Schönbrunn Palace is a former imperial summer residence located in Vienna. The 1,441-room Baroque palace is one of the most important architectural, cultural, and historical monuments in the country. The history of the palace and its vast gardens spans over 300 years, reflecting the changing tastes, interests, and aspirations of successive Habsburg monarchs.
The site of the Palace and Gardens of Schönbrunn is outstanding as one of the most impressive and well preserved Baroque ensembles of its kind in Europe. Additionally, it is a potent material symbol of the power and influence of the House of Habsburg over a long period of European history, from the end of the 17th to the early 20th century.
It is impossible to separate the gardens from the palace, of which they form an organic extension: this is an excellent example of the concept of Gesamtkunstwerk, a masterly fusion of many art forms.
A small hunting lodge and later summer residence of the Habsburg family was rebuilt after total destruction during the last Turkish attack in 1683. During construction work the project was expanded into an Imperial summer residence of the court. As such it represents the ascent and the splendour of the Habsburg Empire. At the peak of Habsburg power at the beginning of the 18th century, when imperial Vienna following the Turkish reflected its regained significance in spectacular examples of newly developing Baroque art, Schönbrunn was one of the most important building projects of the capital and residency.
The ample Baroque gardens with their buildings (Gloriette, Roman ruins etc.) and statuary testify to the palace's imperial dimensions and functions. The original intention, when they were laid out in the 18th century, was to combine the glorification of the House of Habsburg with a homage to nature. The Orangery on the east side of the main palace building is, at 186 m, the longest in the world. The Great Palm House is an impressive iron-framed structure, 114 m long and divided into three Sections, erected in 1880 using technology developed in England.References:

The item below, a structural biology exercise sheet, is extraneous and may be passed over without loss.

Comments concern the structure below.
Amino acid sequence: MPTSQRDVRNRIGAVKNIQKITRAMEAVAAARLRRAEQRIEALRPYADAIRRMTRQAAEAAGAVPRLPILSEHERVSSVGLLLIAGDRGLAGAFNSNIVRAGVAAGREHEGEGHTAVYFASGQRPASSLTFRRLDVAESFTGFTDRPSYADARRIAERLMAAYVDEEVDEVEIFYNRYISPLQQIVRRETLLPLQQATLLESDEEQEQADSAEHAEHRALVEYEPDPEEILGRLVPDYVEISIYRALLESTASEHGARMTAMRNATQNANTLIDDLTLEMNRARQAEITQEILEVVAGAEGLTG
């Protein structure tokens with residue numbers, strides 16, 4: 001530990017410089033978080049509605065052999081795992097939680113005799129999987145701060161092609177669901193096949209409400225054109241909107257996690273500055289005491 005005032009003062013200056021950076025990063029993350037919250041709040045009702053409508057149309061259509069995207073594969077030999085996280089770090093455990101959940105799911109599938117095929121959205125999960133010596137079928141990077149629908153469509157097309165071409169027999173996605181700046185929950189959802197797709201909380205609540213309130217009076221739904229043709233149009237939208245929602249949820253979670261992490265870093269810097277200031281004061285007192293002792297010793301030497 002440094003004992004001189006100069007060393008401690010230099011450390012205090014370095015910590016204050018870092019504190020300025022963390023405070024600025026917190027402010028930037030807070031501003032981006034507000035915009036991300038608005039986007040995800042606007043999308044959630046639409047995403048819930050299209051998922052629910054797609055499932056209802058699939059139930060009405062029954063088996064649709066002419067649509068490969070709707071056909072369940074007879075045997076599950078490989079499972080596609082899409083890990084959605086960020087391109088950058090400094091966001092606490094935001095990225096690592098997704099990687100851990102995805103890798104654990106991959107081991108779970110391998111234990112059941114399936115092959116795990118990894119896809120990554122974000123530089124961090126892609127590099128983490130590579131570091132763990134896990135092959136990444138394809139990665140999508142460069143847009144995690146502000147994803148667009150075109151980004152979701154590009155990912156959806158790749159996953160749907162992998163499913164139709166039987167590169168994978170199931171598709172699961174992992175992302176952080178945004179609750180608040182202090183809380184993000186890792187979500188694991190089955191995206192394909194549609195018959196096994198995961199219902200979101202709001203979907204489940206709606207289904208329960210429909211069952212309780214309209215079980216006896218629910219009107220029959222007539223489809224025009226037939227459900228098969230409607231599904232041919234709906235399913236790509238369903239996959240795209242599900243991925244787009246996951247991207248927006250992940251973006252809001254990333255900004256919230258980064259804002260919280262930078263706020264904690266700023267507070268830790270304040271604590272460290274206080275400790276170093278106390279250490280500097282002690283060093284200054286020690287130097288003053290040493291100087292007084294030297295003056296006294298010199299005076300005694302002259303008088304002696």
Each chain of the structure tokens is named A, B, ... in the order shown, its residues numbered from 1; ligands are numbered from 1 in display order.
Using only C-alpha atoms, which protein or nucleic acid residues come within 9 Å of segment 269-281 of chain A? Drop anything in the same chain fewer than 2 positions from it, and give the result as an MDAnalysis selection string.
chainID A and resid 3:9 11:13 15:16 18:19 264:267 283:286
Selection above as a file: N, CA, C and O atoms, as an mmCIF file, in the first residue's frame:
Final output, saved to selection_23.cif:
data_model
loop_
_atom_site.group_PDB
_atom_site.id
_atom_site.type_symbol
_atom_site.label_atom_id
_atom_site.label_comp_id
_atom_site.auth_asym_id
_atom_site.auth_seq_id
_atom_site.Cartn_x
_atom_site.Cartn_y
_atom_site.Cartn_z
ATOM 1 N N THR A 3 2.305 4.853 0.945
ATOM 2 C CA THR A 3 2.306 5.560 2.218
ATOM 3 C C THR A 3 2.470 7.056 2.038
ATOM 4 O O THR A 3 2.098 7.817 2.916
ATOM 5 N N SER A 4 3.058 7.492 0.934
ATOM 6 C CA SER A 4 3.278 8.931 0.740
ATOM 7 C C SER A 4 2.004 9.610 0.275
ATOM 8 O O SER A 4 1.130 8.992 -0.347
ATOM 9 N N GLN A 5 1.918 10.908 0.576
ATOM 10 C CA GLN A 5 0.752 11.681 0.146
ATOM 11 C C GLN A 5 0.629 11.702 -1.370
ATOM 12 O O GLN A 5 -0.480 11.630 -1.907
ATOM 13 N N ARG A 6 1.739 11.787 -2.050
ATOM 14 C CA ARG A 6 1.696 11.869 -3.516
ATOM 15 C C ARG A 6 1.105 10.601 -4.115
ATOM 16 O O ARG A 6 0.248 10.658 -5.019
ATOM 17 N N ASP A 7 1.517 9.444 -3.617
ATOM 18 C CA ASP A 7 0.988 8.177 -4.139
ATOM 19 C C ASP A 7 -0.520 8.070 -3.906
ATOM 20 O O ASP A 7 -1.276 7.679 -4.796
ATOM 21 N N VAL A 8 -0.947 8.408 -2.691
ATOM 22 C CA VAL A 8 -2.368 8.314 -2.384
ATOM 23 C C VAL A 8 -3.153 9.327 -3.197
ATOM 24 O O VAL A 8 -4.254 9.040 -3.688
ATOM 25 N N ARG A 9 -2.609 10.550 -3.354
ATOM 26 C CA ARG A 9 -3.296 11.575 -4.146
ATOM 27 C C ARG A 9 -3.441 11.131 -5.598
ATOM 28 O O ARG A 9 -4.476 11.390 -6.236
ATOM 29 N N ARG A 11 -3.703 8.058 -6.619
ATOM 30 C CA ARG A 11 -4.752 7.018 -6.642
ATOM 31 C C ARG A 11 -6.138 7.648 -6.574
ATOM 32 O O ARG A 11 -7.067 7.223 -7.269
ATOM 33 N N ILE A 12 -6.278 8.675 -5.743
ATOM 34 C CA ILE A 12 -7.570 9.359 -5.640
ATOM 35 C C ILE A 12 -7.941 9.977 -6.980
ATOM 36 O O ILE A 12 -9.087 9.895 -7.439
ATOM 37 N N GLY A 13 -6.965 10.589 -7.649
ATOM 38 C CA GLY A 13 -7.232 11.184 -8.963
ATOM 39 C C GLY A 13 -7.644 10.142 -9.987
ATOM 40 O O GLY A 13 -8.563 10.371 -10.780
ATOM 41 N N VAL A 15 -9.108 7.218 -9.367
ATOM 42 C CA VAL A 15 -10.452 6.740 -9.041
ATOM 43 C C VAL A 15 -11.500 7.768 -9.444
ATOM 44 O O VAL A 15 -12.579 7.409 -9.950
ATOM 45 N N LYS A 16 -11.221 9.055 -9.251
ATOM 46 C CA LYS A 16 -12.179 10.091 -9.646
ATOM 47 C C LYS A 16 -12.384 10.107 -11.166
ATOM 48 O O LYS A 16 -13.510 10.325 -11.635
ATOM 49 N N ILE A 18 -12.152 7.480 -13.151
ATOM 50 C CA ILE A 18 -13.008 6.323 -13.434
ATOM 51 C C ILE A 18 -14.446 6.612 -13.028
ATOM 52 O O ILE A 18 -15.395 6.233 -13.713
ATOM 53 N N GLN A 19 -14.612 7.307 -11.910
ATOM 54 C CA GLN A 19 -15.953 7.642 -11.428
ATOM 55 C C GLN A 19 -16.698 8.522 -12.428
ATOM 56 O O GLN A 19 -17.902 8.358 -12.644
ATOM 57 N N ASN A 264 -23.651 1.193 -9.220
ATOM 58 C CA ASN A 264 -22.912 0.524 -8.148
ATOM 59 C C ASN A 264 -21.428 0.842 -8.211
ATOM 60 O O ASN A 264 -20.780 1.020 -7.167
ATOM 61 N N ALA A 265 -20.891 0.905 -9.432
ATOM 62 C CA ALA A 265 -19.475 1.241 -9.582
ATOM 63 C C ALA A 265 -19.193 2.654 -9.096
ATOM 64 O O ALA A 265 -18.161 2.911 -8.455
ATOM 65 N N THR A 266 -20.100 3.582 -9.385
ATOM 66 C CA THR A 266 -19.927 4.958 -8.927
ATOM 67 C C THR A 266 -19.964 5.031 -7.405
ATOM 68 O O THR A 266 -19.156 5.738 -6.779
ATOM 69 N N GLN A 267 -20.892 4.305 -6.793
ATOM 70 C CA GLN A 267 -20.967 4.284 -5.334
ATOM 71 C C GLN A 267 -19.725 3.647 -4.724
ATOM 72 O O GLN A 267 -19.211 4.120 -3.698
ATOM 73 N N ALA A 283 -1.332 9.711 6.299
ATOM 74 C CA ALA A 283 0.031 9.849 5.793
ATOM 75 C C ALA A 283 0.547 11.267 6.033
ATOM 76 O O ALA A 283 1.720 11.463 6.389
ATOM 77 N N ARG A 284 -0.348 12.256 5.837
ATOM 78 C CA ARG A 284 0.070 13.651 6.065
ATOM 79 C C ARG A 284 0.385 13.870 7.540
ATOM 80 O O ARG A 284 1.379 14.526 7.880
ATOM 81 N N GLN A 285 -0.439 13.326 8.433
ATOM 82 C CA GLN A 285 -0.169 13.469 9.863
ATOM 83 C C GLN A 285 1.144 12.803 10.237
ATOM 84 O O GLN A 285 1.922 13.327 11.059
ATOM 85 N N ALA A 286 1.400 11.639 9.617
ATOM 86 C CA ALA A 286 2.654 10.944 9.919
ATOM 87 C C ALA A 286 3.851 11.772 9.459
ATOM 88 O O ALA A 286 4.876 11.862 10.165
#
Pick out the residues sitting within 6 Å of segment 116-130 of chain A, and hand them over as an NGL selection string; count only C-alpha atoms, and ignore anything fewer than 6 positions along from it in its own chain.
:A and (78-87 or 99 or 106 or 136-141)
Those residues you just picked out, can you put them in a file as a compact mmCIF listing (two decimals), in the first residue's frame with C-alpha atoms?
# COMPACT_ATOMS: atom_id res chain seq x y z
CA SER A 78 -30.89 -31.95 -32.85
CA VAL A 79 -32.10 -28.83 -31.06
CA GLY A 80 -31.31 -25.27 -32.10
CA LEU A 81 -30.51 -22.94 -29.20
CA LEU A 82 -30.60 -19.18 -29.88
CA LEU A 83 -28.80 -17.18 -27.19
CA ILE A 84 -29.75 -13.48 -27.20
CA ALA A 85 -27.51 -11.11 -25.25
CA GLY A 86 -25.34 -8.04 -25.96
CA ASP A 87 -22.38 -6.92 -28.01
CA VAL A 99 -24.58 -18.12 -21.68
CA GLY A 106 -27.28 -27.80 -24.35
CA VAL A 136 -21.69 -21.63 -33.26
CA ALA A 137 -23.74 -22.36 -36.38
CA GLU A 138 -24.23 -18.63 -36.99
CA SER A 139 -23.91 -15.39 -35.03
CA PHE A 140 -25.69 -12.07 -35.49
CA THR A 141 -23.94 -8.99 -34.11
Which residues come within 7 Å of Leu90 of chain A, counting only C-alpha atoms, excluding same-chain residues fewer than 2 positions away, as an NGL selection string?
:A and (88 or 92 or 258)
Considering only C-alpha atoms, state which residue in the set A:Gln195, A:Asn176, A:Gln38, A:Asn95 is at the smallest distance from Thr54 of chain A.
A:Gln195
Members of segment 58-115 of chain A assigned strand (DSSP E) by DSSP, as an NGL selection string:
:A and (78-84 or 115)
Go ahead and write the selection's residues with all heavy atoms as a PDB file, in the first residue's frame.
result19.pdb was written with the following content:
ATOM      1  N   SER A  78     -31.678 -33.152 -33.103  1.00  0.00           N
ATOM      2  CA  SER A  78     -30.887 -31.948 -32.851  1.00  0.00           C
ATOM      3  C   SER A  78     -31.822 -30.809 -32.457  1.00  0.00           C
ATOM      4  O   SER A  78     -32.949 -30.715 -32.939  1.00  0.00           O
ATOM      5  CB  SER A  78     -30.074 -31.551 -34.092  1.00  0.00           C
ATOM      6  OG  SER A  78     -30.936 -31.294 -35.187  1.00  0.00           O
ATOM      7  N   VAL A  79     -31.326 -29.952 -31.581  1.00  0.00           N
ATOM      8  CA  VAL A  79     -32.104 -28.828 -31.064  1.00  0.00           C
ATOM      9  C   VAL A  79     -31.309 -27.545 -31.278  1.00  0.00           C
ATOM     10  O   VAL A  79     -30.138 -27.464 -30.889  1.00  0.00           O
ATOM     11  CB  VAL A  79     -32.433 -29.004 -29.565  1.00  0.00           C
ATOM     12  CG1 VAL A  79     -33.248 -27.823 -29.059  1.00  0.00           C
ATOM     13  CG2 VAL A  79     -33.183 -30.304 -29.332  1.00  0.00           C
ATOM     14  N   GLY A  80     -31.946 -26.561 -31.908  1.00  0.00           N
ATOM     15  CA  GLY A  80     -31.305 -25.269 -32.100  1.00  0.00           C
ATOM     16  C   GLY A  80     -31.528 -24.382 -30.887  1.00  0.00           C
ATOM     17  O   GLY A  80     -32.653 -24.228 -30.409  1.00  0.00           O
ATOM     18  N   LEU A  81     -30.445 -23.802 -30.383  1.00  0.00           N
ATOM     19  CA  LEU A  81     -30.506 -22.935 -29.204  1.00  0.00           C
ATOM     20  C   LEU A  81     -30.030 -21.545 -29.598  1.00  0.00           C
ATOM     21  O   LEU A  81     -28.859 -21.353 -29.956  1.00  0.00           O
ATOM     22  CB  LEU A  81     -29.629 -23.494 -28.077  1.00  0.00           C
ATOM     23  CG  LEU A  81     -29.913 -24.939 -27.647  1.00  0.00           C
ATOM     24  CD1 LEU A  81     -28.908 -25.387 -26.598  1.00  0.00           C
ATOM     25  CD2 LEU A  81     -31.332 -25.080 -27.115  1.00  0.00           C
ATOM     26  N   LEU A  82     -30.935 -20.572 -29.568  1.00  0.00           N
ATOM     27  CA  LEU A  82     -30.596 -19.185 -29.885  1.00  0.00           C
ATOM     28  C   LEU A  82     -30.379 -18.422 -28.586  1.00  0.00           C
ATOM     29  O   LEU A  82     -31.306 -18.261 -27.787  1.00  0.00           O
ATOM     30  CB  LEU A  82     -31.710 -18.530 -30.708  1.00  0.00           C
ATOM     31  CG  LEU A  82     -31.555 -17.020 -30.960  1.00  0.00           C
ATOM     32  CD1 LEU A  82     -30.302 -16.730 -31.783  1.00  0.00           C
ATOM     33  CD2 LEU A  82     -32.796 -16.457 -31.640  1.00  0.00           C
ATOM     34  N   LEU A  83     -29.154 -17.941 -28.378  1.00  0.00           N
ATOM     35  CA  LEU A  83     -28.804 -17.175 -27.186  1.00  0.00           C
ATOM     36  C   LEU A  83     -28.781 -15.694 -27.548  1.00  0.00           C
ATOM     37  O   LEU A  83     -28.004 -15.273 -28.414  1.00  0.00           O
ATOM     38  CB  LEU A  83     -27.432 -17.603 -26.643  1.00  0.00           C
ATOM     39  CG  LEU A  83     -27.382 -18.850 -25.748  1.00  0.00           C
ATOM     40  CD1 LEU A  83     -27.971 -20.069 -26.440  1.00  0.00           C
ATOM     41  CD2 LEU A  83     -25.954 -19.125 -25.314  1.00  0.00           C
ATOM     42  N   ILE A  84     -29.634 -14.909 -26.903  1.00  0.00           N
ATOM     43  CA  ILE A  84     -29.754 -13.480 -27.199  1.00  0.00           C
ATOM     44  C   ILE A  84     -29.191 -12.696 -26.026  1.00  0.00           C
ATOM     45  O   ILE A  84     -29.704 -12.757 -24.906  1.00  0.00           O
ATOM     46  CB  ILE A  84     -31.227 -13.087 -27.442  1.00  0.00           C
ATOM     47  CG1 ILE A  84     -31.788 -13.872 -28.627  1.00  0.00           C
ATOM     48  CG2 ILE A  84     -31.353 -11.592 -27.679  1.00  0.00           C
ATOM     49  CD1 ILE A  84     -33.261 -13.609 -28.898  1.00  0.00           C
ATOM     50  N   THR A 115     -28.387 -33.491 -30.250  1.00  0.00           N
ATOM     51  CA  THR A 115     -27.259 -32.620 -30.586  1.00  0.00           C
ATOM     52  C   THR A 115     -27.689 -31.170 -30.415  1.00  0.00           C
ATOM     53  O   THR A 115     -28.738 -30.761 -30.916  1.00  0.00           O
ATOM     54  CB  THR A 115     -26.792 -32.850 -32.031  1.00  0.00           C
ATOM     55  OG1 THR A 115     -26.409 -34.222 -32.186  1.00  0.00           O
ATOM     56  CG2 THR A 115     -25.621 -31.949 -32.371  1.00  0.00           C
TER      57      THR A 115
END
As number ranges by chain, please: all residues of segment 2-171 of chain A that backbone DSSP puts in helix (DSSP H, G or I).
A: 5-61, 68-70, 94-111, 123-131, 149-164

Stavanger Cathedral is Norway's oldest cathedral. Bishop Reinald, who may have come from Winchester, is said to have started construction of the Cathedral around 1100. It was finished around 1150, and the city of Stavanger counts 1125 as its year of foundation. The Cathedral was consecrated to Swithin as its patron saint. Saint Swithun was an early Bishop of Winchester and subsequently patron saint of Winchester Cathedral. Stavanger was ravaged by fire in 1272, and the Cathedral suffered heavy damage. It was rebuilt under bishop Arne, and the Romanesque Cathedral was enlarged in the Gothic style.
In 1682, king Christian V decided to move Stavanger's episcopal seat to Kristiansand. However, on Stavanger's 800th anniversary in 1925, king Haakon VII instated Jacob Christian Petersen as Stavanger's first bishop in nearly 250 years.During a renovation in the 1860s, the Cathedral's exterior and interior was considerably altered. The stone walls were plastered, and the Cathedral lost much of its medieval looks. A major restoration led by Gerhard Fischer in 1939-1964 partly reversed those changes. The latest major restoration of the Cathedral was conducted in 1999. Andrew Lawrenceson Smith is famous for his works here.